A Homegrown Fix for 'Food Deserts'
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SEPTEMBER 13, 2013
Kathleen Toner, CNN

For more than a decade, Robin Emmons felt helpless as her older brother lived on the streets, eating out of garbage cans.
I had a small garden, so I thought, 'Well, I'll just put in some extra rows,' " Emmons said. "I began making weekly deliveries of whatever was coming up."
She soon realized, however, that the problem extended well beyond her brother's transitional home. While farmers markets were springing up across the city, she noticed that low-income and working-class neighborhoods had few grocery stores or places to buy fresh produce.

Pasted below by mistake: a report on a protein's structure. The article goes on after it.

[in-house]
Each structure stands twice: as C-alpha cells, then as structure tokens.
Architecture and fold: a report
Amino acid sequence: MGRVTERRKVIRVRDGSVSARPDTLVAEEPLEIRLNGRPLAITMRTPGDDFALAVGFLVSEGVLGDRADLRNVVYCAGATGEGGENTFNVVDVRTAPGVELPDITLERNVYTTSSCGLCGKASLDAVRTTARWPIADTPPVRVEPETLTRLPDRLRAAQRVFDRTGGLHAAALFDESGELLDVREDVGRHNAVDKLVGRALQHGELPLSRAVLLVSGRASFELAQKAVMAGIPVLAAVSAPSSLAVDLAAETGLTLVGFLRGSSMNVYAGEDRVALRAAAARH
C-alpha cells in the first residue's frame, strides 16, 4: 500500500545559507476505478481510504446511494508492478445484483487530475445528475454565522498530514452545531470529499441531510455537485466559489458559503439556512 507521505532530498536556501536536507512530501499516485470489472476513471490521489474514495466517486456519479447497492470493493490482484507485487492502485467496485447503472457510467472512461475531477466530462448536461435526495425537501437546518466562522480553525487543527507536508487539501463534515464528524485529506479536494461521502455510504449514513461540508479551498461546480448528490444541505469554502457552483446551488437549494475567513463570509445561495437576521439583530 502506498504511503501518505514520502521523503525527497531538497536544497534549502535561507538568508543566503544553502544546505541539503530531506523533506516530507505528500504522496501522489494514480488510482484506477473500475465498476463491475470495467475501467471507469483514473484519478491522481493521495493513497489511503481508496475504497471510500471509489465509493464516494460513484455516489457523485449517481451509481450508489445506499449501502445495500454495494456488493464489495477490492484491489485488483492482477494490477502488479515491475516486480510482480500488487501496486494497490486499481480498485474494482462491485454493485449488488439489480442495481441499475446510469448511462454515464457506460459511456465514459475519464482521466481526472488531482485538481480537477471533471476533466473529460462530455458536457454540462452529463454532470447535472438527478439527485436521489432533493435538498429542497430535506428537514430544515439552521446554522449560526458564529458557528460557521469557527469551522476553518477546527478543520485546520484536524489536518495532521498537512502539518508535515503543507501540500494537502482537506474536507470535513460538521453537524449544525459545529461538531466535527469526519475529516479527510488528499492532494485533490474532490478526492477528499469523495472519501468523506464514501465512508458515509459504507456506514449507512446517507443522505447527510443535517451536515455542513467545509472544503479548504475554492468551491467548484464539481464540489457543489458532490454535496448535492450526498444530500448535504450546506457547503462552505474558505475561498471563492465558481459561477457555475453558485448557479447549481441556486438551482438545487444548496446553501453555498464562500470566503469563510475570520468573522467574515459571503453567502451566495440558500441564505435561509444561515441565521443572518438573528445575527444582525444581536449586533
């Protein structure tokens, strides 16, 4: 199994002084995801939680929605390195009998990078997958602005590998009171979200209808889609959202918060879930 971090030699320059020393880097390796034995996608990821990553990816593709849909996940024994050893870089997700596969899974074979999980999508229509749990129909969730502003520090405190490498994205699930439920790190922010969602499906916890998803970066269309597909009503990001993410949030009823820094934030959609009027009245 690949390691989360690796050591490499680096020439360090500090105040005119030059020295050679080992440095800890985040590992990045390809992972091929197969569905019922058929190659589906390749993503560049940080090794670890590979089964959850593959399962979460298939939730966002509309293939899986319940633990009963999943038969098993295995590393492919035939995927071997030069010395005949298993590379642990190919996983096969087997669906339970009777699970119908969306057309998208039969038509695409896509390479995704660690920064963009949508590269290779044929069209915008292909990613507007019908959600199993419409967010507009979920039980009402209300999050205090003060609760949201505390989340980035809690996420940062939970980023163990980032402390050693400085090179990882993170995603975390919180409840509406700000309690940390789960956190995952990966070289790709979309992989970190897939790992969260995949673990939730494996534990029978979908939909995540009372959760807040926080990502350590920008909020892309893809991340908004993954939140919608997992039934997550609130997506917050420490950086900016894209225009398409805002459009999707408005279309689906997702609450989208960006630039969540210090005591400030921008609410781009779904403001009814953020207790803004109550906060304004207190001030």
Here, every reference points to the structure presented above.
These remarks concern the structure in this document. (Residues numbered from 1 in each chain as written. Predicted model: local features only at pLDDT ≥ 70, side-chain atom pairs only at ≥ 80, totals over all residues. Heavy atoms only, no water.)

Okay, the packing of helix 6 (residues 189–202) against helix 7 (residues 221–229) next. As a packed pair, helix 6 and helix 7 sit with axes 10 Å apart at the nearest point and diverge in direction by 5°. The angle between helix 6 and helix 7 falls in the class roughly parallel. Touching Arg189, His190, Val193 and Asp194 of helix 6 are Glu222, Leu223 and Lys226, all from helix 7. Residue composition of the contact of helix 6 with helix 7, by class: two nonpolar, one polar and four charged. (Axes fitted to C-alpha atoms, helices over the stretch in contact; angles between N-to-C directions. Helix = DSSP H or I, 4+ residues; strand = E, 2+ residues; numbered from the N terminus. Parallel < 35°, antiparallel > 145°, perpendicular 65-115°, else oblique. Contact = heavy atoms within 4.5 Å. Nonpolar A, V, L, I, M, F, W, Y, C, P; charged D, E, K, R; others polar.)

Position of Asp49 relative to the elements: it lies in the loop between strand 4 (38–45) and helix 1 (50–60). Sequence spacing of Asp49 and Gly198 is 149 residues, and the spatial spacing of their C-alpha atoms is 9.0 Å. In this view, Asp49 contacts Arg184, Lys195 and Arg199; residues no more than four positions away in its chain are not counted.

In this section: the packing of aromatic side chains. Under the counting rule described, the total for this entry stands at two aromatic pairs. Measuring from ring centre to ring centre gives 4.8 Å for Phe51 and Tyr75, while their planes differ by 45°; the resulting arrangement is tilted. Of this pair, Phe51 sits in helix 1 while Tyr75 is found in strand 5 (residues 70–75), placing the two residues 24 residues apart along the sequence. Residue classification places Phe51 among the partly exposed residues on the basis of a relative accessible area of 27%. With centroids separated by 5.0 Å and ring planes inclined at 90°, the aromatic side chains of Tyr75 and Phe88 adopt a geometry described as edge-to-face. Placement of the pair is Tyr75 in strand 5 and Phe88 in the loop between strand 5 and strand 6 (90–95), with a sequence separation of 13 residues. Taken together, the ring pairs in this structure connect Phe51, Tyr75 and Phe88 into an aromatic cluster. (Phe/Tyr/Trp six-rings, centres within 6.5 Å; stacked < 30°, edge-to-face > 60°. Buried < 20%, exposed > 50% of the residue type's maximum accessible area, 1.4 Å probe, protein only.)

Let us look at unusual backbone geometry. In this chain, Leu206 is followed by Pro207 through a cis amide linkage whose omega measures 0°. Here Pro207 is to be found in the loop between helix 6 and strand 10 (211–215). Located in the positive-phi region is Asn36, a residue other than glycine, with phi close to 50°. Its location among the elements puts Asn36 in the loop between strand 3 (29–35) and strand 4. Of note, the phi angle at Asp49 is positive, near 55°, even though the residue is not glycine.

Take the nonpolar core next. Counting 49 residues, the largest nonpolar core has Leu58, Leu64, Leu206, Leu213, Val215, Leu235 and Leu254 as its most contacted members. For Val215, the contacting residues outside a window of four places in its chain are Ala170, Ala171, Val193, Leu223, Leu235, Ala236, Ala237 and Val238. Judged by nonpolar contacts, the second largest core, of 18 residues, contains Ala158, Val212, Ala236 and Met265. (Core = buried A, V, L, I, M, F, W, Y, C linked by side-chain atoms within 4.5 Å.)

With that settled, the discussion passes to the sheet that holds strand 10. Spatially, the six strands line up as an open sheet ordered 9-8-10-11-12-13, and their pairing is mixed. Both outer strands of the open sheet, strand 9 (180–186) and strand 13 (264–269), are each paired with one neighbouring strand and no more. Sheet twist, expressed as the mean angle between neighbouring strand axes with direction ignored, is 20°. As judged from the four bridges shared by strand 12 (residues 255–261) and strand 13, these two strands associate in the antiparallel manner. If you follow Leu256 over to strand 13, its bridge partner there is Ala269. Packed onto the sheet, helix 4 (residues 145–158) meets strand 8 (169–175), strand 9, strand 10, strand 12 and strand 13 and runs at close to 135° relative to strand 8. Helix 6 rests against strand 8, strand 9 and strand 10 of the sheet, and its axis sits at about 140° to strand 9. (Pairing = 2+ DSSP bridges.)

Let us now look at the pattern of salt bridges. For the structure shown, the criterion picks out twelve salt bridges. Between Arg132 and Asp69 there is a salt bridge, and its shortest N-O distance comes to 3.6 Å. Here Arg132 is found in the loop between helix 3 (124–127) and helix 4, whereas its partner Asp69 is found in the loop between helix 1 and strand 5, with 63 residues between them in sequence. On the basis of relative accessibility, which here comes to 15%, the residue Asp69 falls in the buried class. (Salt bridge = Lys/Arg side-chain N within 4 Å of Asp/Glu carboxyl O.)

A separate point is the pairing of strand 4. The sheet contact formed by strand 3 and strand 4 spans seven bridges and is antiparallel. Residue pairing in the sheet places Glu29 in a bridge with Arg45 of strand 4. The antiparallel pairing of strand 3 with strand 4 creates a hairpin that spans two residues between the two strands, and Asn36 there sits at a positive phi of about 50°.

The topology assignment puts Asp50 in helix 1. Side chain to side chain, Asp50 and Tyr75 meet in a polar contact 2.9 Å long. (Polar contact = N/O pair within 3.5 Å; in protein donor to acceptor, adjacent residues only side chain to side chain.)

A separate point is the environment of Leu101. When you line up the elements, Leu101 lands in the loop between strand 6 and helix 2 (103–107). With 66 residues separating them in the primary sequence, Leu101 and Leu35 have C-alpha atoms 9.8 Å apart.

Discovering this problem sparked something inside Emmons, who had recently left her corporate job to find more meaningful work.
"I really thought it was an injustice. ... Healthy food is a basic human right," she said. "I decided to rip up my whole backyard and make it all a garden, and it just kind of snowballed from there."
Today, Emmons has 200 volunteers helping her tend 9 acres of crops on three sites. Since 2008, she says, her nonprofit, Sow Much Good, has grown more than 26,000 pounds of fresh produce for underserved communities in Charlotte.
Read more: CNN